Do you have a first aid kit ready in case of emergency? Most pre-packaged kits are short on supplies and long on toxic chemicals in the wound ointments, wipes and sanitizers, so we built a must-have natural kit with our knowledge of the best set of supplies for medical treatment in a pinch.
This list includes the items we actually use in first aid scenarios. Nothing too crazy, but everything you'll need to treat most acute emergencies, including basic supplies like bandages and medical tape. And as a bonus for those of us who have very little DIY time, you can buy almost everything in local stores or online! We included links to most of them to show at least some available options, and make it easy peasy for you to gather your own supplies.
How to Build Your First Aid Kit
While we do prefer to depend on ourselves for minor medical scenarios, we wouldn't hesitate to head to the hospital or call an ambulance in life threatening situations where a paramedic or ER doctor could provide more in depth treatment.
In a zippered bag or latched box (think toolbox, tackle box, plastic storage box or other hard case), gather these supplies to fully stock your safe and effective first aid kit. Many of these items can be purchased in small packages which will make your kit more compact and portable. If you already have some of the items on hand, throw 'em in to make your job that much easier.
General Cleaning and Disinfection
- Distilled or purified bottled water (for drinking, cleaning and flushing)
- Saline solution (safe for eyes)
- Castile bar soap and/or castile liquid soap
- Alcohol towlettes (can also be used for nausea)
- Activated charcoal powder or pills (for emergency internal toxin removal and water filtration)
- Hydrogen peroxide (to disinfect wounds and toothbrushes, antiseptic mouth rinse, remove wax and water from ears; food grade hydrogen peroxide is also available)
Standard Medical Supplies
- Disposable gloves (choose carefully if you have a latex or plastic allergy)
- Ace bandage
- Self-adherent wrap (no tape or fasteners required)
- Gauze pads and/or gauze rolls
- Medical tape
- Butterfly closures
- Nail clippers
- Medical scissors
- Suture kit
- Wash cloths or clean rags
- Emesis bags
- Instant cold pack
- Instant heat pack
Superficial Wound Treatments
- Earth Mama healing salve (use in place of petroleum-based antibiotic ointment for minor skin irritations, burns and injuries)
- Witch hazel (astringent for insect bites, hemorrhoids, rashes from poison ivy or oak, localized inflammations)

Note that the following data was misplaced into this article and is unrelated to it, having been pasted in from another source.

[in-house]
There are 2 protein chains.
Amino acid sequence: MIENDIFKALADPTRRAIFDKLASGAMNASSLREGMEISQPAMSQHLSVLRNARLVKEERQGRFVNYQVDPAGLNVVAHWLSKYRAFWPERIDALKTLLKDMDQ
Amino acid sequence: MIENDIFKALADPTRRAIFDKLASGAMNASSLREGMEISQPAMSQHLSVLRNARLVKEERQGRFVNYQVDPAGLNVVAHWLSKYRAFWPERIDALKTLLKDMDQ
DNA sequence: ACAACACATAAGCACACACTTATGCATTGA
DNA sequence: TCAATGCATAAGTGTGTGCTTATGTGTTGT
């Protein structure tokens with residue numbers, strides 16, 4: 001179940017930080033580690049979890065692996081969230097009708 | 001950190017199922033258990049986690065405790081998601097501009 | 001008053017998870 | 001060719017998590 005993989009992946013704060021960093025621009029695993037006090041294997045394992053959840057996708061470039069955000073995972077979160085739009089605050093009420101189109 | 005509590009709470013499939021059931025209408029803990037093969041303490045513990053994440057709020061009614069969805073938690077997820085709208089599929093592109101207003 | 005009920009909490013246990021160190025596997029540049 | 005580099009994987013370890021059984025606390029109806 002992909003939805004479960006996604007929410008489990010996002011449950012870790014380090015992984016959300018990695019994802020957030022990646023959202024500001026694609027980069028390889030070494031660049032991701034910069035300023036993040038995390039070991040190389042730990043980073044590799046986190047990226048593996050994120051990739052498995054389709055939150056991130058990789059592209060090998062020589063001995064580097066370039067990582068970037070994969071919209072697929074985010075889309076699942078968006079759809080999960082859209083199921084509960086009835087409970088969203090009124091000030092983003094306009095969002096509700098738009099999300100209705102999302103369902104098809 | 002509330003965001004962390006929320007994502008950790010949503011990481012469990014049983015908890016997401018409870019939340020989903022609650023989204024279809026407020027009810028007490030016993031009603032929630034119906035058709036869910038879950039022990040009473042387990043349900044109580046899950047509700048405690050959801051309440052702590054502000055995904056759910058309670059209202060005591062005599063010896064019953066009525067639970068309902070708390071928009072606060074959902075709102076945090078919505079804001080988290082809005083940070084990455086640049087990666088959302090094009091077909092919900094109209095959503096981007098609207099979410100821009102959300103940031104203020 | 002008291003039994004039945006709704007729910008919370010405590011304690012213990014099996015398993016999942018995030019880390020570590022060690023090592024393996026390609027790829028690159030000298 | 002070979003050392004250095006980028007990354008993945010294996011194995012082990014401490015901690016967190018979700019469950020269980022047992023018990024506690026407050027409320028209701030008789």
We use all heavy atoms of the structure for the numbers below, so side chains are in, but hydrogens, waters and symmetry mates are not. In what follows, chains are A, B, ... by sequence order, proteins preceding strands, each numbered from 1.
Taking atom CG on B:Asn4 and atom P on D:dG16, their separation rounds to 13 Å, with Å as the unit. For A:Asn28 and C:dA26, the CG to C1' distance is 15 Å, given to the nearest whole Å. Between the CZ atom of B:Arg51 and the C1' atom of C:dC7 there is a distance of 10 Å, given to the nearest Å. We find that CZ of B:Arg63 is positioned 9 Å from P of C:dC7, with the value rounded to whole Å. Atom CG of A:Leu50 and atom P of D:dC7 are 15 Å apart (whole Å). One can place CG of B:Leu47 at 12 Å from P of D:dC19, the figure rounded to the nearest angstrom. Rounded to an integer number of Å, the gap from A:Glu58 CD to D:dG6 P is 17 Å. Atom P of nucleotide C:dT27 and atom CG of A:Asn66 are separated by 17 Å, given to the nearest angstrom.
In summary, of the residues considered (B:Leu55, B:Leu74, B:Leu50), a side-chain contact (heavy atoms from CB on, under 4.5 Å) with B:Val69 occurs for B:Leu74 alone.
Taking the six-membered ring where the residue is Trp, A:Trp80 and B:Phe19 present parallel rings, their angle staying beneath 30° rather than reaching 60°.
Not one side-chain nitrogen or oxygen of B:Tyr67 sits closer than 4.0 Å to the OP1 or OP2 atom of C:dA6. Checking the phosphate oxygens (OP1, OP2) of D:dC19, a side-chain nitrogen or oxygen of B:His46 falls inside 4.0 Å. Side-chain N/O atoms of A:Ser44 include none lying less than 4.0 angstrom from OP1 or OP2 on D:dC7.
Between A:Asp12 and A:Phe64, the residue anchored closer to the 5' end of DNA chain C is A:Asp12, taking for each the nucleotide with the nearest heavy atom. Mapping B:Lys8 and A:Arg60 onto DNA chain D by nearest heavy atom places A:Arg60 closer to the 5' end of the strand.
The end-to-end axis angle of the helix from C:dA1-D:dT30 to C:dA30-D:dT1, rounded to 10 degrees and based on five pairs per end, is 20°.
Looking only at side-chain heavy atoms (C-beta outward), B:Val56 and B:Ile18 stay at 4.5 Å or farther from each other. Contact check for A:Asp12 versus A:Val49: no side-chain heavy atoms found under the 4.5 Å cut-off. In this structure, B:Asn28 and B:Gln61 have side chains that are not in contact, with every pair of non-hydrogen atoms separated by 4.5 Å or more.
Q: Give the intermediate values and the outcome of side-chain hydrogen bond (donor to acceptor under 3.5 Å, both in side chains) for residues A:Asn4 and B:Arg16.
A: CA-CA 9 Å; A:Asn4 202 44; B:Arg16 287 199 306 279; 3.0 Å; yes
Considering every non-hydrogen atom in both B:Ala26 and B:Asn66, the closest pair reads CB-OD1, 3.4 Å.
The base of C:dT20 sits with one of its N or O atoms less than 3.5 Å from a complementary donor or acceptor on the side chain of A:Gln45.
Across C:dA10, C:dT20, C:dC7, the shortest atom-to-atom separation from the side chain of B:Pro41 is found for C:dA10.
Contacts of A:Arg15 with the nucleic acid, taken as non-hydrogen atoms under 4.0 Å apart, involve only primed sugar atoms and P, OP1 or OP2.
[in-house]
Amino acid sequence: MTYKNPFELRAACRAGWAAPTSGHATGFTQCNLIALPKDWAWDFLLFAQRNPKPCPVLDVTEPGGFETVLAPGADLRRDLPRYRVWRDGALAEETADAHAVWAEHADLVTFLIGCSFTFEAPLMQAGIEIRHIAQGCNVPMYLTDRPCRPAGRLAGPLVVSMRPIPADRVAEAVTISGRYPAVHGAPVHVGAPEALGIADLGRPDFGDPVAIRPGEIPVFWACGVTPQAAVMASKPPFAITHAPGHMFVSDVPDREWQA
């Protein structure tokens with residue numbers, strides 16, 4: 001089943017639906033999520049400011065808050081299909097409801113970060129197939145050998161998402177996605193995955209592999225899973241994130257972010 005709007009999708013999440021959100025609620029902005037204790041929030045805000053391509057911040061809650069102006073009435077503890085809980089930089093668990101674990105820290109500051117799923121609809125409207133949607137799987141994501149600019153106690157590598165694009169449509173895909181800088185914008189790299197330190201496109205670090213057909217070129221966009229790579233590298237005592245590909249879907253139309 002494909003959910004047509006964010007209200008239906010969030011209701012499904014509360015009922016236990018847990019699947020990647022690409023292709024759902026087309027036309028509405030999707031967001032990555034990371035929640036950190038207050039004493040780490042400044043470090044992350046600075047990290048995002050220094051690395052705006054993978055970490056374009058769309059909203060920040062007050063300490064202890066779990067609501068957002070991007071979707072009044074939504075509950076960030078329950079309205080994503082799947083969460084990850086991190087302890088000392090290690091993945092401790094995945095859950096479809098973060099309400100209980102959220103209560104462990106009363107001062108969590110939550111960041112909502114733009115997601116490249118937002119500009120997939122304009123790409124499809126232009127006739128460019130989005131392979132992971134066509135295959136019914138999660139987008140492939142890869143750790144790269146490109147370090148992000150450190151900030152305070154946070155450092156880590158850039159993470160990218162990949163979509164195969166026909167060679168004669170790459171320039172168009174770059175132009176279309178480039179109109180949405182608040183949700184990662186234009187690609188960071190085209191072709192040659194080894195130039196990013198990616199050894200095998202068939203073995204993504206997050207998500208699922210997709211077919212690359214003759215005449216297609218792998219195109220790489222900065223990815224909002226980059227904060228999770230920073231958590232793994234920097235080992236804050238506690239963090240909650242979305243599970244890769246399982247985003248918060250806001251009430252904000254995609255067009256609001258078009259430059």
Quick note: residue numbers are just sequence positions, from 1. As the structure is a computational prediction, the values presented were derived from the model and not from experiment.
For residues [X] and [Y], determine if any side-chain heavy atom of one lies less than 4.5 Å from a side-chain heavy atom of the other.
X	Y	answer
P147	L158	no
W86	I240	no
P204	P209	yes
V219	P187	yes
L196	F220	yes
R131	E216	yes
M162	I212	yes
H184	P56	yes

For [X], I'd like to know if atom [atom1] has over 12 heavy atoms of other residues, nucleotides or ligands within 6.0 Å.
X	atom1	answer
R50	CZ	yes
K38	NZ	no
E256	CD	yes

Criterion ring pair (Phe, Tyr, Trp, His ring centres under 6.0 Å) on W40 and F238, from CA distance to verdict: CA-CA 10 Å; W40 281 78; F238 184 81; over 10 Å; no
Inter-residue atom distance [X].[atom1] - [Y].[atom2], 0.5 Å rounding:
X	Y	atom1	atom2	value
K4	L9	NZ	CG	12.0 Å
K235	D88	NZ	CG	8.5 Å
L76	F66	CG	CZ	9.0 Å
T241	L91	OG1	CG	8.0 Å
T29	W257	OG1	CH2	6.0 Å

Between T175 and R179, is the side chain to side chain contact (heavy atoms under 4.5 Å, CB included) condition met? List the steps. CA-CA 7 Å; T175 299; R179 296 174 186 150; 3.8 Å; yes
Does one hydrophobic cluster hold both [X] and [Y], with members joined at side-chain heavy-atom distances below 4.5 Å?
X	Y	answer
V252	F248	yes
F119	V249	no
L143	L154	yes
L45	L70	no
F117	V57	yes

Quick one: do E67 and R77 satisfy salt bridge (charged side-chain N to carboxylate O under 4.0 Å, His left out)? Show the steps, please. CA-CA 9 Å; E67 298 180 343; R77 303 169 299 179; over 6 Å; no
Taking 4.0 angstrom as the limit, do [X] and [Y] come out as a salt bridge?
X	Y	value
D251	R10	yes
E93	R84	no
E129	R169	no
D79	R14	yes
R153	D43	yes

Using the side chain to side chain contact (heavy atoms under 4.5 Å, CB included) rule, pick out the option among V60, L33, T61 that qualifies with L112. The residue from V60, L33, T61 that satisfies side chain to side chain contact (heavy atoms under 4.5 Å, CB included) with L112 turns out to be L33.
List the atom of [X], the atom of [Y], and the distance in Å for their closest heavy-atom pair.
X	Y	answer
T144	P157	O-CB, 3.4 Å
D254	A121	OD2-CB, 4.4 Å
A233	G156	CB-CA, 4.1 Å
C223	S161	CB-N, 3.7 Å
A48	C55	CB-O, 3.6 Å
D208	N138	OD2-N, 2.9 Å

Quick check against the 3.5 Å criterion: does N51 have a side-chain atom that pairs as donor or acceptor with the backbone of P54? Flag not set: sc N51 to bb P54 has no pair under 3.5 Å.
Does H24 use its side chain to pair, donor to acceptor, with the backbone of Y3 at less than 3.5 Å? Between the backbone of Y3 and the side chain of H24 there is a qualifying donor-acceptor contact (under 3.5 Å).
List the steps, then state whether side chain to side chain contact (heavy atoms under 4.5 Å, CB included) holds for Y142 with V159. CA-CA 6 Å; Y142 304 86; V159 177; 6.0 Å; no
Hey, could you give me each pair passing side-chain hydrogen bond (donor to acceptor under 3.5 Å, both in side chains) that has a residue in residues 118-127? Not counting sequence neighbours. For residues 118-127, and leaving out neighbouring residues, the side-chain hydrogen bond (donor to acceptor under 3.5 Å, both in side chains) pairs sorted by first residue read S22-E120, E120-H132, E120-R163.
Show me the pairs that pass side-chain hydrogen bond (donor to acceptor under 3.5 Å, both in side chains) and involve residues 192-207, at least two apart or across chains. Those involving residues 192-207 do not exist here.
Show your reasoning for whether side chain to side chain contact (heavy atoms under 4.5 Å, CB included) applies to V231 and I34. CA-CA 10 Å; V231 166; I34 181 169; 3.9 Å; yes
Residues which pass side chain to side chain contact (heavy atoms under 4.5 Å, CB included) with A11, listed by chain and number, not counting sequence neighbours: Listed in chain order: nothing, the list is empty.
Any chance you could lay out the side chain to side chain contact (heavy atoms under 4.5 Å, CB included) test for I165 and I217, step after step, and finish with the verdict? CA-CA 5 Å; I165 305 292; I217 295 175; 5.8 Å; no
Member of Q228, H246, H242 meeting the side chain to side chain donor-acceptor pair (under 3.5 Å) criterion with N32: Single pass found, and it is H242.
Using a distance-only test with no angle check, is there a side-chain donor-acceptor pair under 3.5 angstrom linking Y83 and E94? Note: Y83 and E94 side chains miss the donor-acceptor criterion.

- Arnica gel and/or Arnica tabs (for bruises, swelling, pain relief, soft tissue injuries like sore muscles and sprains, headaches and tinnitus)
- Cayenne powder (to stop bleeding of superficial wounds when used generously)
- Puracyn (for wound cleaning, treatment and healing)
- Colloidal silver (for minor cuts, scrapes, burns and abrasions to prevent infection; effective against antibiotic-resistant superbugs)
- Drawing salve by Amish Origins (to draw out splinters, toxins from insect bites, and infection; great for bee stings, sores, and skin irritations)
- Aloe vera gel (for burn treatment, minor irritations and skin injuries)
Acute Illness Treatments
- Hyland's homeopathic Carbo Vegetabilis tablets and Motion Eaze (nausea, motion sickness)
- Digestive bitters and/or ginger trips (upset stomach, nausea, heartburn)
- Pain relievers such as Ibuprofen, Excedrin, or organic peppermint essential oil pre-mixed with carrier oil (try 12 drops of peppermint to 1 ounce carrier oil; for external use on temples or wrists)
- Benadryl (for many types of mild anaphylaxis including hives and allergies in a first aid scenario; can also be used for motion sickness, but be careful of dosage, especially for kids – not for children under 6)
- Epinephrine autoinjector (alternative to the outrageously priced Epipen)
What would you add to the list?
*NOTE: The information included in this guide is intended for educational purposes only and should not be considered medical advice meant to diagnose or treat any disease or illness. You should always consult your healthcare provider to determine the appropriateness of the information for your own situation or if you have any questions regarding a medical condition or treatment plan.